Walt Wawra wrote a now-famous letter
to the Calgary Herald
after going for an afternoon stroll with his wife in the city's Nose Hill Park-- where the only 'criminals' are dog-snatching coyotes
-- and feeling threatened by a couple of strangers. What did these two ne'er-do-wells do to spook the American visitors so much? In Wawra's own words:
"The men stepped in front of us, and said in a very aggressive tone: 'Been to the Stampede yet?' We ignored them. The two moved closer, repeating: 'Hey, you been to the Stampede yet?'
I quickly moved between these two and my wife, replying 'Gentle-men, I have no need to talk to you. Goodbye.' They looked bewildered, and we then walked past them."
The Calgary Stampede
, for the un-initiated, is the city's most famous event, drawing more than a million visitors
to celebrate more than a week of rodeos, exhibitions, concerts and other festivities.
Later in his letter, Wawra writes:
"I thank the Lord Jesus Christ they did not pull a weapon of some sort... Would we not expect a uniformed officer to pull his or her weapon to intercede in a life-or-death encounter to protect self or another? Why then should the expectation be lower for a citizen of Canada or a visitor? Wait, I know-- it's because in Canada, only the criminals and the police carry handguns."
Wawra's letter has 'gone viral' in Canada, sparking national ridicule, even sympathy of the pathetic variety, for the paranoid, trigger-happy American.
"The concept of needing to carry a gun anywhere in Calgary is a completely foreign concept to me," one local wrote in response to Wawra's letter. "And in Nose Hill Park... the very last place imaginable."
"Here's the thing, in Calgary during the Stampede, everyone
asks you if you've been to Stampede yet," wrote one commenter on Gawker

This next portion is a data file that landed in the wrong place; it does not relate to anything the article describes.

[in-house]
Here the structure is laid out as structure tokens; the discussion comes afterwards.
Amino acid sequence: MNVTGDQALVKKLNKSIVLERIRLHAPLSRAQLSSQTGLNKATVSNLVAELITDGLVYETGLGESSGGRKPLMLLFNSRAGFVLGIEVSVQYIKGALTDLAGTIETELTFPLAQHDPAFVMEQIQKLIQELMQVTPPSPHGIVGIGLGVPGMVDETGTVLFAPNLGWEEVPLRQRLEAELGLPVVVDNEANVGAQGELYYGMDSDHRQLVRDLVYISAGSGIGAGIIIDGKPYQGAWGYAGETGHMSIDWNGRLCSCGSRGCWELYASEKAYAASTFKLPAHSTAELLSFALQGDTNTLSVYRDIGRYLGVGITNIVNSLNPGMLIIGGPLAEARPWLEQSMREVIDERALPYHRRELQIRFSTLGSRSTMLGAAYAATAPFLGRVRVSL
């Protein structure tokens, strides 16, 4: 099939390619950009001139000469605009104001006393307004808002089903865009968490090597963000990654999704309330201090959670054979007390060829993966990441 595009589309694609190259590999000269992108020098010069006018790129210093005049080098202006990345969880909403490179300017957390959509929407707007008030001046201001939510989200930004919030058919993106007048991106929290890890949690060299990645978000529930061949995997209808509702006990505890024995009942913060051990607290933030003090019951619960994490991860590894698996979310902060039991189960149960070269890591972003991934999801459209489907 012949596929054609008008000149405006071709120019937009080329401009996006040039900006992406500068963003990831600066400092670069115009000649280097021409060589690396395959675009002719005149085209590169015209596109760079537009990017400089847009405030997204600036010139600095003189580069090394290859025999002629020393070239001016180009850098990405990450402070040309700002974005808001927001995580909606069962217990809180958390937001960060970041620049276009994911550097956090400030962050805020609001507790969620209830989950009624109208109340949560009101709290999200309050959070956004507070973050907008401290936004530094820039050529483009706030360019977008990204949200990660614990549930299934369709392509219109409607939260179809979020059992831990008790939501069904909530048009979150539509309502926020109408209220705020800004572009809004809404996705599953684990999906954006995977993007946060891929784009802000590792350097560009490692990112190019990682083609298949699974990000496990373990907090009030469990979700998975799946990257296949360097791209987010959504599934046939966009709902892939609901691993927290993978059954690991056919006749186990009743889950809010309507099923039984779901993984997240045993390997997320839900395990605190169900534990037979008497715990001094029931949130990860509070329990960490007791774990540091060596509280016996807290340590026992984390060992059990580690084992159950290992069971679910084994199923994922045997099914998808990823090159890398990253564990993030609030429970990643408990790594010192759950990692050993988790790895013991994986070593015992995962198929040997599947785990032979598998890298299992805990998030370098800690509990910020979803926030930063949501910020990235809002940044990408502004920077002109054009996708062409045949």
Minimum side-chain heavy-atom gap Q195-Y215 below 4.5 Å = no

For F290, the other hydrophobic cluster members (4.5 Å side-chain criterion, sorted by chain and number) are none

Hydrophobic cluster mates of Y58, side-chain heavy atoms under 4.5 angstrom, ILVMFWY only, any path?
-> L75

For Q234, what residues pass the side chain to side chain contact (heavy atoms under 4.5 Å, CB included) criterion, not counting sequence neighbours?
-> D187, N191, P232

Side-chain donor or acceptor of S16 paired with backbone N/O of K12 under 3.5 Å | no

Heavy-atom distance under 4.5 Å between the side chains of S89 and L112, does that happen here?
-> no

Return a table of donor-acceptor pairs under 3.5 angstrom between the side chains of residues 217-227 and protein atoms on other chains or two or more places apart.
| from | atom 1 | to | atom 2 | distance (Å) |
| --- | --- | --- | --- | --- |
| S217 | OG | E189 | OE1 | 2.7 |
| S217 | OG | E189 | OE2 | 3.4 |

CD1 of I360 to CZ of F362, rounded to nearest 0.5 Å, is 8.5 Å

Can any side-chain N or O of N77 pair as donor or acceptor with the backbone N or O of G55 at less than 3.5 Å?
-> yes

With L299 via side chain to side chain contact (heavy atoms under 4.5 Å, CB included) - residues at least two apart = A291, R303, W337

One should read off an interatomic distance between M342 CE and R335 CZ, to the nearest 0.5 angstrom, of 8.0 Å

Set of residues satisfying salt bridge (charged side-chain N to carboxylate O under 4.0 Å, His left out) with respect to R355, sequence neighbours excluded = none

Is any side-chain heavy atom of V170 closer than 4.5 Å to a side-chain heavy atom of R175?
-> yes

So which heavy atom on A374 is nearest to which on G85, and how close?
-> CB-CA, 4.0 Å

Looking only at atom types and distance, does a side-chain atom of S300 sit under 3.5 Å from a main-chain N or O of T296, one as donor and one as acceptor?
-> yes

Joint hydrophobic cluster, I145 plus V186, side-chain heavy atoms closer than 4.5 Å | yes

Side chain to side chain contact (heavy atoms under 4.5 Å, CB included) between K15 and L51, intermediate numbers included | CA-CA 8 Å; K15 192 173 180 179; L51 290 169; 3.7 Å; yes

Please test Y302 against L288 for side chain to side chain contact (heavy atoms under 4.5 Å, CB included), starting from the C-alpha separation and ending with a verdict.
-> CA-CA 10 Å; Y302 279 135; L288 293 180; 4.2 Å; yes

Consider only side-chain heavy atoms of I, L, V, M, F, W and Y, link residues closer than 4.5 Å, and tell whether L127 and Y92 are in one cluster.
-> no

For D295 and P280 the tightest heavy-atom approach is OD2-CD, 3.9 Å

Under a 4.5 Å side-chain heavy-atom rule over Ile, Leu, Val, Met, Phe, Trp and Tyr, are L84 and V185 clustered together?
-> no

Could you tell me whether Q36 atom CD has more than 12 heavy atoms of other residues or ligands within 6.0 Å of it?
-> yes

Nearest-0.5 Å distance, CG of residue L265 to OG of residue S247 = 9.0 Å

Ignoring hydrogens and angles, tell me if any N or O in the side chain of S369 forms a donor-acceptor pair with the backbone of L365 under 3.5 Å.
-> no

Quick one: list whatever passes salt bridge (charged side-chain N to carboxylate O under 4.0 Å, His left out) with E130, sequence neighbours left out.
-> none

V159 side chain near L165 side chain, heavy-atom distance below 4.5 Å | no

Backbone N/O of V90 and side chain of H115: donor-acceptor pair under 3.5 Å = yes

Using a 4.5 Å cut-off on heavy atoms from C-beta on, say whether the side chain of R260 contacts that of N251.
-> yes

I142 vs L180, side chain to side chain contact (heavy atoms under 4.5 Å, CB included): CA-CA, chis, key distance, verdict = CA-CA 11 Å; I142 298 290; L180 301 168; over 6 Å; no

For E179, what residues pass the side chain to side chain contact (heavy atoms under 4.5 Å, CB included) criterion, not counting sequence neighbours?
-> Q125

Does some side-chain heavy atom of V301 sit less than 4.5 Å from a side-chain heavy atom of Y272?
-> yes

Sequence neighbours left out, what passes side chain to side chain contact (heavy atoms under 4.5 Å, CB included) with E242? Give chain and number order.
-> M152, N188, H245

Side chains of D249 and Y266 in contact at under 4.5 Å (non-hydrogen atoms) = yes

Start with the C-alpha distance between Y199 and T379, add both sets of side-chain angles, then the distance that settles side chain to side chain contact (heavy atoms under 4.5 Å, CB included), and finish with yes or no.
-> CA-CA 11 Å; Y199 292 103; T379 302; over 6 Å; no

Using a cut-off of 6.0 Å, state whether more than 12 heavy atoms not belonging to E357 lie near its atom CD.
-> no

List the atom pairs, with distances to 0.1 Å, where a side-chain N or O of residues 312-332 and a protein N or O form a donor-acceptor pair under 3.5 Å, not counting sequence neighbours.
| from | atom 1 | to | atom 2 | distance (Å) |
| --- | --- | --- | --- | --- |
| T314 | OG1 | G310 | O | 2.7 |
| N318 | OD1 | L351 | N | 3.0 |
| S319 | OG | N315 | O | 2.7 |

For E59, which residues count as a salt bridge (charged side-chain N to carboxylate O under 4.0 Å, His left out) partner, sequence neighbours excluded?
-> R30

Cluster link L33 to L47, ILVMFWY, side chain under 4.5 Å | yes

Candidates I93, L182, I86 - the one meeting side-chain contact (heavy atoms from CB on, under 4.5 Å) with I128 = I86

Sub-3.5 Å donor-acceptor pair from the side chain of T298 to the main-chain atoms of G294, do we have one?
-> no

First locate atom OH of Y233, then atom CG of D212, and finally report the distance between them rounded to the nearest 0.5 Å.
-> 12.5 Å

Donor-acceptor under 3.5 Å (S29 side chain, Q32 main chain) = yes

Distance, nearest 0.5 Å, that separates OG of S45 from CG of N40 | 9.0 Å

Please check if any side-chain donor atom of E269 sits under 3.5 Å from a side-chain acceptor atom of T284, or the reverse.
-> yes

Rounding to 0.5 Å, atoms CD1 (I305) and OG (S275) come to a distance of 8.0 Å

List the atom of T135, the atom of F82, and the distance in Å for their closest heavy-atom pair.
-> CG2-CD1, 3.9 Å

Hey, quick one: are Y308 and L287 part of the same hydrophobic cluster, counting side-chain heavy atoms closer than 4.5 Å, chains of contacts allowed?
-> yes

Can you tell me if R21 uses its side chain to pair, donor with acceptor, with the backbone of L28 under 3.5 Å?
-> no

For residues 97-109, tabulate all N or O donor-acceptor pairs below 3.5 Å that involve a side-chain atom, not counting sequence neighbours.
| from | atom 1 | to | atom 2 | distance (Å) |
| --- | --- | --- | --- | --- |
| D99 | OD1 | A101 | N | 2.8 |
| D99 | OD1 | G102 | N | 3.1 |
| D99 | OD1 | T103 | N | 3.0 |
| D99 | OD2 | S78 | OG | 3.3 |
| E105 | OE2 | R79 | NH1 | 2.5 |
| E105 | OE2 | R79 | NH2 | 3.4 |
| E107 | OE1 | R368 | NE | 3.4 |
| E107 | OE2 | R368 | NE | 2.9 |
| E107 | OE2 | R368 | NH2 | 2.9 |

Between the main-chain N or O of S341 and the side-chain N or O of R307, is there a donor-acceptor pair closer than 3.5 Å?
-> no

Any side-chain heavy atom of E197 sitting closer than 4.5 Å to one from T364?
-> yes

. "The waiter, your neighbor, the bus driver, the priest, the lady walking her dog, the kids on the playground... it's like 'hello,' 'how ya doing' or 'hot enough for ya?'"
"Wait, tell me what you would have done to these guys if you had been packing your pistol. They didn't ask for your money, they didn't assault you, but asked a question, and you would defend yourself with a gun?" Dunston commented in the Herald
. Maybe consider staying in the USA, where you could blow these guys away for asking you a question."
Wawra's paranoid gun lust has even earned him his own Twitter hashtag-- #NoseHillGentlemen.
"Hey Walt. The 2 men approached you because in #Canada we're friendly to each other," wrote @KabalGuy
"Note to self, don't strike up a conversation with an American. They'll shoot you," quipped @Chris_Morris
@BigtimeYYC correctly noted
that Wawra's hometown of Kalamazoo, Michigan, population 74,000, had 14 murders in 2010, while Calgary, with 1.1 million people, had 15. If Kalamazoo had Calgary's population, it would have more than 200 yearly murders.
Naomi Lakritz, a columnist for the Calgary Herald
who is both a Canadian and American citizen, slammed Wawra, and US gun culture, in an editorial
. A couple of highlights:
"[Wawra] complained about Canadian gun laws, saying that in Canada, only the police and criminals carry handguns. Yes, that's true, and it's probably one of the reasons when there's a dispute over a parking space in Canada, nobody dies from bullet wounds as a result."
"Americans argue that they need that they need to carry guns, because having a concealed weapon makes them feel safe. Their thinking seems to be that at any given moment, they could be under attack from the very next person they meet on the street, and they'll need to shoot in self-defense. Whereas, you walk down a street in Canada, you don't assume you're at risk of being suddenly assaulted or killed. You just see ordinary people going about their day and you give their motives no further thought."
"And so, Americans, unaware of just how sick their handgun mentality is, continue to fight like crazy to prevent any kind of handgun control... A 9mm handgun, purchased legally, was the weapon of choice in Oak Creek, Wisconsin on Sunday when six people were killed and three more were wounded by a white supremacist at a Sikh temple...
"As an American who is also a Canadian citizen, all I can say is, thank God I live in Canada."
Undaunted, Wawra told CBC that he does not regret writing the letter.
"What concerned me is that two young men just approached us and stopped us... and [began] talking to us without even being welcome to talk to us," he explained. "They just took it upon themselves to yell at us."
It is unclear whether or not Wawra and wife went to the Stampede.